Blue Jays 9, Orioles 3Brett LawrieMelky Cabrera and Edwin Encarnacion each hit homers. It was Encarnacion’s first of the year. He watched it go out and rounded the bases with his right-arm-cocked chicken wing thing. No one got in his face and barked at him afterward. They just played baseball. Imagine.

Tigers 8, White Sox 6: Miguel Cabrera finally woke up, going 3 for 5 with a homer and an RBI double. Of course, a lot of Tigers hit against Sox’ spot starter Charlie Leesman, who filled in for Chris Sale.

Cardinals 3, Mets 0: Adam Wainwright shut the Mets out into the seventh inning but had to leave when he hyperextended his knee fielding a ball. He says he’s OK. No one asked if the Mets think they’ll be OK after being shut out, but we presume so.

Yankees 9, Red Sox 3: Masahiro Tanaka continues to be relatively unimpressed with major league hitters. I’m sure he wouldn’t say that, but no one has really challenged him yet (7.1 IP, 7 H, 2 ER, 7K 0 BB). The Yankees, meanwhile, scored eight runs — only three earned — off Jon Lester. Jacoby Ellsbury’s return to Fenway in enemy colors started off well for him: he tripled to lead off the game and then robbed Grady Sizemore of a hit with a nice catch. He later hit a two-run double.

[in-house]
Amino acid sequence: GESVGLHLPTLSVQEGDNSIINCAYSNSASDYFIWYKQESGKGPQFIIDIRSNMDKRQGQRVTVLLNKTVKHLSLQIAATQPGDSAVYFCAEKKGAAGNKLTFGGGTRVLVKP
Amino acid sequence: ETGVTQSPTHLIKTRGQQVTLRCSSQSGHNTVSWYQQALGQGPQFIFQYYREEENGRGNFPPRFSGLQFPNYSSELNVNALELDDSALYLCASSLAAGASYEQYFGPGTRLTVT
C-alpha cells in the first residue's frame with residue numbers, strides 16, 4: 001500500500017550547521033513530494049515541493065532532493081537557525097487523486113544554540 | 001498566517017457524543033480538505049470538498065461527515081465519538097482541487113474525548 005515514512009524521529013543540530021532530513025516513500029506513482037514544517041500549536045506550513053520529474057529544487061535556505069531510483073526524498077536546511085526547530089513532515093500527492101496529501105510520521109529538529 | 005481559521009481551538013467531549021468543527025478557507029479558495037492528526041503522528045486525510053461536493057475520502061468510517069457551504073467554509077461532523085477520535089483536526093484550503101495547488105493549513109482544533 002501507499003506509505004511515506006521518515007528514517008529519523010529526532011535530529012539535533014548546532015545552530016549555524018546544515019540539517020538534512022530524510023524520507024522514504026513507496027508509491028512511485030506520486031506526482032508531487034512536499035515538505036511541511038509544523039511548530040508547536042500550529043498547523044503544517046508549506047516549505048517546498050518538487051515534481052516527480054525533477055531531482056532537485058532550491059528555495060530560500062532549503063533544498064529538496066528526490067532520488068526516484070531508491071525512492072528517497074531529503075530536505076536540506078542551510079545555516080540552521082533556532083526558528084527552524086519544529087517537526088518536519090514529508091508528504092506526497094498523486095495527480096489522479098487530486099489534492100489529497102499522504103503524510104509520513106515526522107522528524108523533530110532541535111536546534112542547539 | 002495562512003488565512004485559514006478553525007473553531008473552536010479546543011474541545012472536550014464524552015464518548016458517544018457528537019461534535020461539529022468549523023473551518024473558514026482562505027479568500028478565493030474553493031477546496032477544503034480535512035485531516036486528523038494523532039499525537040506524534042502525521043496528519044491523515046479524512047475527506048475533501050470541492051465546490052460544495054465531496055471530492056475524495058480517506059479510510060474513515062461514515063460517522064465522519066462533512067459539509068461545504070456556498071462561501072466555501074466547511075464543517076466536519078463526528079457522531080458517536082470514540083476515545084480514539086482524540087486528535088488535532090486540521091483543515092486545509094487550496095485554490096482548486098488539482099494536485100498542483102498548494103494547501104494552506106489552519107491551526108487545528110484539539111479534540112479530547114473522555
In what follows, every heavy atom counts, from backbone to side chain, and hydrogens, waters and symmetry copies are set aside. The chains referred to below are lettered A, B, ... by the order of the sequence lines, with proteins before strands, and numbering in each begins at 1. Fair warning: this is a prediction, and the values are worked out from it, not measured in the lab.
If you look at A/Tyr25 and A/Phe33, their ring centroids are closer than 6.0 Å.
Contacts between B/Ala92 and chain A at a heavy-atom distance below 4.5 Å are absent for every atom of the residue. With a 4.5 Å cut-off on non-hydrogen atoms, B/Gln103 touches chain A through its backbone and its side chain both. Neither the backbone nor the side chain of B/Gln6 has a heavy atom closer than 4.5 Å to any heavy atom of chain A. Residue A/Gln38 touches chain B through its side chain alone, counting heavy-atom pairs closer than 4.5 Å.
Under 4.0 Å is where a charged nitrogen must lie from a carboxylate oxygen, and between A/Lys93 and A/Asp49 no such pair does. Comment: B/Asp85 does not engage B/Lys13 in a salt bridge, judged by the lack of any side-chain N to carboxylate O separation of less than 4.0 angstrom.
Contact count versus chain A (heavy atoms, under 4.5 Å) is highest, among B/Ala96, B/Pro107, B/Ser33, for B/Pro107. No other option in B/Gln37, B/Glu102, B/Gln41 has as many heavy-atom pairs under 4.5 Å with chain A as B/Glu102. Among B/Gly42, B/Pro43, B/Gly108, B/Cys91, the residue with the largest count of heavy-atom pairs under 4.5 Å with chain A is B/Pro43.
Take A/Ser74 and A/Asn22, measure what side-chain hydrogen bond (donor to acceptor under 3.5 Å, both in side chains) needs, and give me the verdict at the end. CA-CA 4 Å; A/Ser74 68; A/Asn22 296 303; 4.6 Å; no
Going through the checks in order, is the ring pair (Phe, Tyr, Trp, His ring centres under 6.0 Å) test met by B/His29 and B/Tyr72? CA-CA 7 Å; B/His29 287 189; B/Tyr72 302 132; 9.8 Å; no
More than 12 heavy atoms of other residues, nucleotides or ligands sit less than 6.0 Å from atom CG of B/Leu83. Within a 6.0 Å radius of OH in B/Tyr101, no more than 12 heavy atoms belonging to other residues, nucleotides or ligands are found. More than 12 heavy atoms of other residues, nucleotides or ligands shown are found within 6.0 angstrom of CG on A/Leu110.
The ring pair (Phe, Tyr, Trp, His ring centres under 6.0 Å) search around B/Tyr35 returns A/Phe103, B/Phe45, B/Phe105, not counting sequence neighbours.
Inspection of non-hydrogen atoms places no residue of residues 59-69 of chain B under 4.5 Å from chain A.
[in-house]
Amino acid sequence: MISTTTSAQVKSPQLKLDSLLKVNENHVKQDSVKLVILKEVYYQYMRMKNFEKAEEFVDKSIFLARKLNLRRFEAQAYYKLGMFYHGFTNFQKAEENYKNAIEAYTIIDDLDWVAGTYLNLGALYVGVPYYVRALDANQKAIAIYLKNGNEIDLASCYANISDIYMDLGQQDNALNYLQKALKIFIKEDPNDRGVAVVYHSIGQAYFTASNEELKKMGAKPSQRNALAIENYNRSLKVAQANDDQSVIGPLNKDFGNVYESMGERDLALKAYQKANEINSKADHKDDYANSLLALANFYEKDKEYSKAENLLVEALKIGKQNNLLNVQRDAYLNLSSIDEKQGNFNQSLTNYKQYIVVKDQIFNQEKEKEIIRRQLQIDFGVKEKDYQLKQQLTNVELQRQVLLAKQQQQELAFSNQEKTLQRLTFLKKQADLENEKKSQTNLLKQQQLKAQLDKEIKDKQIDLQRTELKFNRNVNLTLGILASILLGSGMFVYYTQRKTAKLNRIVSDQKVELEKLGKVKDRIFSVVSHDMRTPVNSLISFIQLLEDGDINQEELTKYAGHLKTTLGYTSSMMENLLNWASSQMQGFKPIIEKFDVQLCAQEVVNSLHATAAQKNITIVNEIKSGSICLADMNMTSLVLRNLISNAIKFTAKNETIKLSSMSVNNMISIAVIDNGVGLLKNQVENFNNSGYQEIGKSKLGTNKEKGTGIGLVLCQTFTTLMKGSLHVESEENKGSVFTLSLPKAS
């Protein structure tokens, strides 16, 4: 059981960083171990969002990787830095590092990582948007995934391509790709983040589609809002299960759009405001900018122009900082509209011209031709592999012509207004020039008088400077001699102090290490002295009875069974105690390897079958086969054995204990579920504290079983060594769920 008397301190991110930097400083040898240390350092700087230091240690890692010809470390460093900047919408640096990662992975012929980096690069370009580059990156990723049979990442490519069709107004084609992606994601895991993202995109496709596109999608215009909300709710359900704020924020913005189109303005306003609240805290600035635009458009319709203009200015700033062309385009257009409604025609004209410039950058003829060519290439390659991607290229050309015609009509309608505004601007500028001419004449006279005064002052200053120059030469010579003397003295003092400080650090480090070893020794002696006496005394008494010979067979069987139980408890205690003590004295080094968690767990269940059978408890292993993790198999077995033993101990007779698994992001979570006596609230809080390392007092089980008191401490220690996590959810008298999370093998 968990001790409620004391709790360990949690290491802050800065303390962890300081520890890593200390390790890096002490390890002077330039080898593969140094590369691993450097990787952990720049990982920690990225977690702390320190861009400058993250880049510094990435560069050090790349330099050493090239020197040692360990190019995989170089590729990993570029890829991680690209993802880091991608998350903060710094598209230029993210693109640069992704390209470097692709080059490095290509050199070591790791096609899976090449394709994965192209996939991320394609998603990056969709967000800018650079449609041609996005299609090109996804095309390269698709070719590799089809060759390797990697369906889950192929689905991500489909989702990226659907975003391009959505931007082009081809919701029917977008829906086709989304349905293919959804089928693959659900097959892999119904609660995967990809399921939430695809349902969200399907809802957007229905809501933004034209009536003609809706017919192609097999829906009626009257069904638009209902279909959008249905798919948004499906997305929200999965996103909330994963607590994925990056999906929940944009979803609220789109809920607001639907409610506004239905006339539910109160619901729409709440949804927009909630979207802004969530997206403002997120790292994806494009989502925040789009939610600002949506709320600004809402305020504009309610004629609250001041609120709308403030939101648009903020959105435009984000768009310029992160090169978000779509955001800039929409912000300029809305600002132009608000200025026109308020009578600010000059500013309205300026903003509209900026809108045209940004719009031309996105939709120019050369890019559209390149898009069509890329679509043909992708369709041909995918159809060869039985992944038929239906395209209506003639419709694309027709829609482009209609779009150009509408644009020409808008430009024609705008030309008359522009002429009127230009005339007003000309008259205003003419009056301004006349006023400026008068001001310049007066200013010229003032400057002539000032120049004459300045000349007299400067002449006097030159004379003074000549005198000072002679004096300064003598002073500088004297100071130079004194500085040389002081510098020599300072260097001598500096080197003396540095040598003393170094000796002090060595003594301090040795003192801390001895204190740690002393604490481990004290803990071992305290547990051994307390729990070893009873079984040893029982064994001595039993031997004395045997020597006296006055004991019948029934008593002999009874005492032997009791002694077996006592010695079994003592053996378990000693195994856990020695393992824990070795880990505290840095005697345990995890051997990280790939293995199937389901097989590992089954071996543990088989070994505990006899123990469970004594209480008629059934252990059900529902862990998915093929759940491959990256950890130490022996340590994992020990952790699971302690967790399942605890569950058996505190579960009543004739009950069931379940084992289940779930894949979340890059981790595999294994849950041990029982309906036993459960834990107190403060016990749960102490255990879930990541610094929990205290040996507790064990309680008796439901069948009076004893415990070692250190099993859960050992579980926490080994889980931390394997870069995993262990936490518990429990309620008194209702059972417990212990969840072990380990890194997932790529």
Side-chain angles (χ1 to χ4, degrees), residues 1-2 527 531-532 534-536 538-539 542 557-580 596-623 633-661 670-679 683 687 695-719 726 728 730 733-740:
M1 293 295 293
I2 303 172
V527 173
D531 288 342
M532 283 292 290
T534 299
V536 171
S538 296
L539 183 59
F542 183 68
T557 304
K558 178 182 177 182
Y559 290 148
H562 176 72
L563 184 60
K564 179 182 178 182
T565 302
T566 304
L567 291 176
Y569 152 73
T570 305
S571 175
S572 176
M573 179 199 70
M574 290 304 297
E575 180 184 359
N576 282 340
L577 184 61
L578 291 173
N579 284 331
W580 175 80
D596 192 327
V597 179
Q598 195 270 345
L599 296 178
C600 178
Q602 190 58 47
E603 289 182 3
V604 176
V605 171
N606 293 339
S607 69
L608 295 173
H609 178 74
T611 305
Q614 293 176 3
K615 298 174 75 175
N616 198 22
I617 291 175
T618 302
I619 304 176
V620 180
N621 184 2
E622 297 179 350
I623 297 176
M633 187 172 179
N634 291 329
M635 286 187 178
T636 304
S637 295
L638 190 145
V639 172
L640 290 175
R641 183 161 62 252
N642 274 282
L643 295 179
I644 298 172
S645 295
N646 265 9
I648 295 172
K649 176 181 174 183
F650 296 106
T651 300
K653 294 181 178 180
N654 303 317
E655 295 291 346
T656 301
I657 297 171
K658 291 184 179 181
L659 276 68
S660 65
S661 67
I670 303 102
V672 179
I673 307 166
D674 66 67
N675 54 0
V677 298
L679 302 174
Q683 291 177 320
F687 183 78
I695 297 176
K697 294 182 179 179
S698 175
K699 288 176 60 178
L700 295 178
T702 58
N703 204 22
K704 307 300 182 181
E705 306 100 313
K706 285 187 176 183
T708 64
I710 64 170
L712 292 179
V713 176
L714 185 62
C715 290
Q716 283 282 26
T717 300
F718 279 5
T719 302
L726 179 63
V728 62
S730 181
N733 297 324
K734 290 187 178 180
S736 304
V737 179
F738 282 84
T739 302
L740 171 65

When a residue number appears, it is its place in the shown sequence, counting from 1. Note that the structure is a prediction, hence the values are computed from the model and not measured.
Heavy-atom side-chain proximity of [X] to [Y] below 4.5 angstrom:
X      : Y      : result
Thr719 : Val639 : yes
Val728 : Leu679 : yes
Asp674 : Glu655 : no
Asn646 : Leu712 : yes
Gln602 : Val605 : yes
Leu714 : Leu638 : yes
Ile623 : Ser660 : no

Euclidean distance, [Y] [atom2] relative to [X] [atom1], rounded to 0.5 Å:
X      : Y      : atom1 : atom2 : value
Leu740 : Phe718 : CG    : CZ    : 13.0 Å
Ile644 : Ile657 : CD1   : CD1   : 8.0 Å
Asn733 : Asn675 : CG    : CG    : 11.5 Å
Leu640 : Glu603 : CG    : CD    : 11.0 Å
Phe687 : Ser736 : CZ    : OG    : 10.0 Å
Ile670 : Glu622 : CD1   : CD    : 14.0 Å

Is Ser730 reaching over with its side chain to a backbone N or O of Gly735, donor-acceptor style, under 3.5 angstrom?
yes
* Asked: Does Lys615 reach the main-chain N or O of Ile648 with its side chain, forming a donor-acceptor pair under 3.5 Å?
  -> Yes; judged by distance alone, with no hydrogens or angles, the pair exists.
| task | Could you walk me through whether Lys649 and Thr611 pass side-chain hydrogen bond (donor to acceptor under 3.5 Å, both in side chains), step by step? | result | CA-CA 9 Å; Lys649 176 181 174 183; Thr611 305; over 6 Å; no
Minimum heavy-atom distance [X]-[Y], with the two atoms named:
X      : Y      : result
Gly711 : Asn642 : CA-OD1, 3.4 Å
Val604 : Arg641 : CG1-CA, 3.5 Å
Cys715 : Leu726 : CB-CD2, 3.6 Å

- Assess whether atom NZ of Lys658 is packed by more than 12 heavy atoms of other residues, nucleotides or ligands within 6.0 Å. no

Editor’s Note: Hardball Talk‘s partner FanDuel is hosting a one-day $40,000 Fantasy Baseball league for Wednesday night’s MLB games. It’s $25 to join and first prize is $6,000. Starts at 7:05pm ET on WednesdayHere’s the FanDuel link.

Cubs 9, Diamondbacks 2: Mike Olt — MIKE OLT! — hit a three-run homer. The Cubs have won three of four. Arizona has dropped four straight.

Padres 2, Brewers 1: A Chase Headley homer in the 12th ended up winning it, but a big assist goes to the Padres pen who tossed six shutout innings. The Brewers’ four-game winning streak is snapped.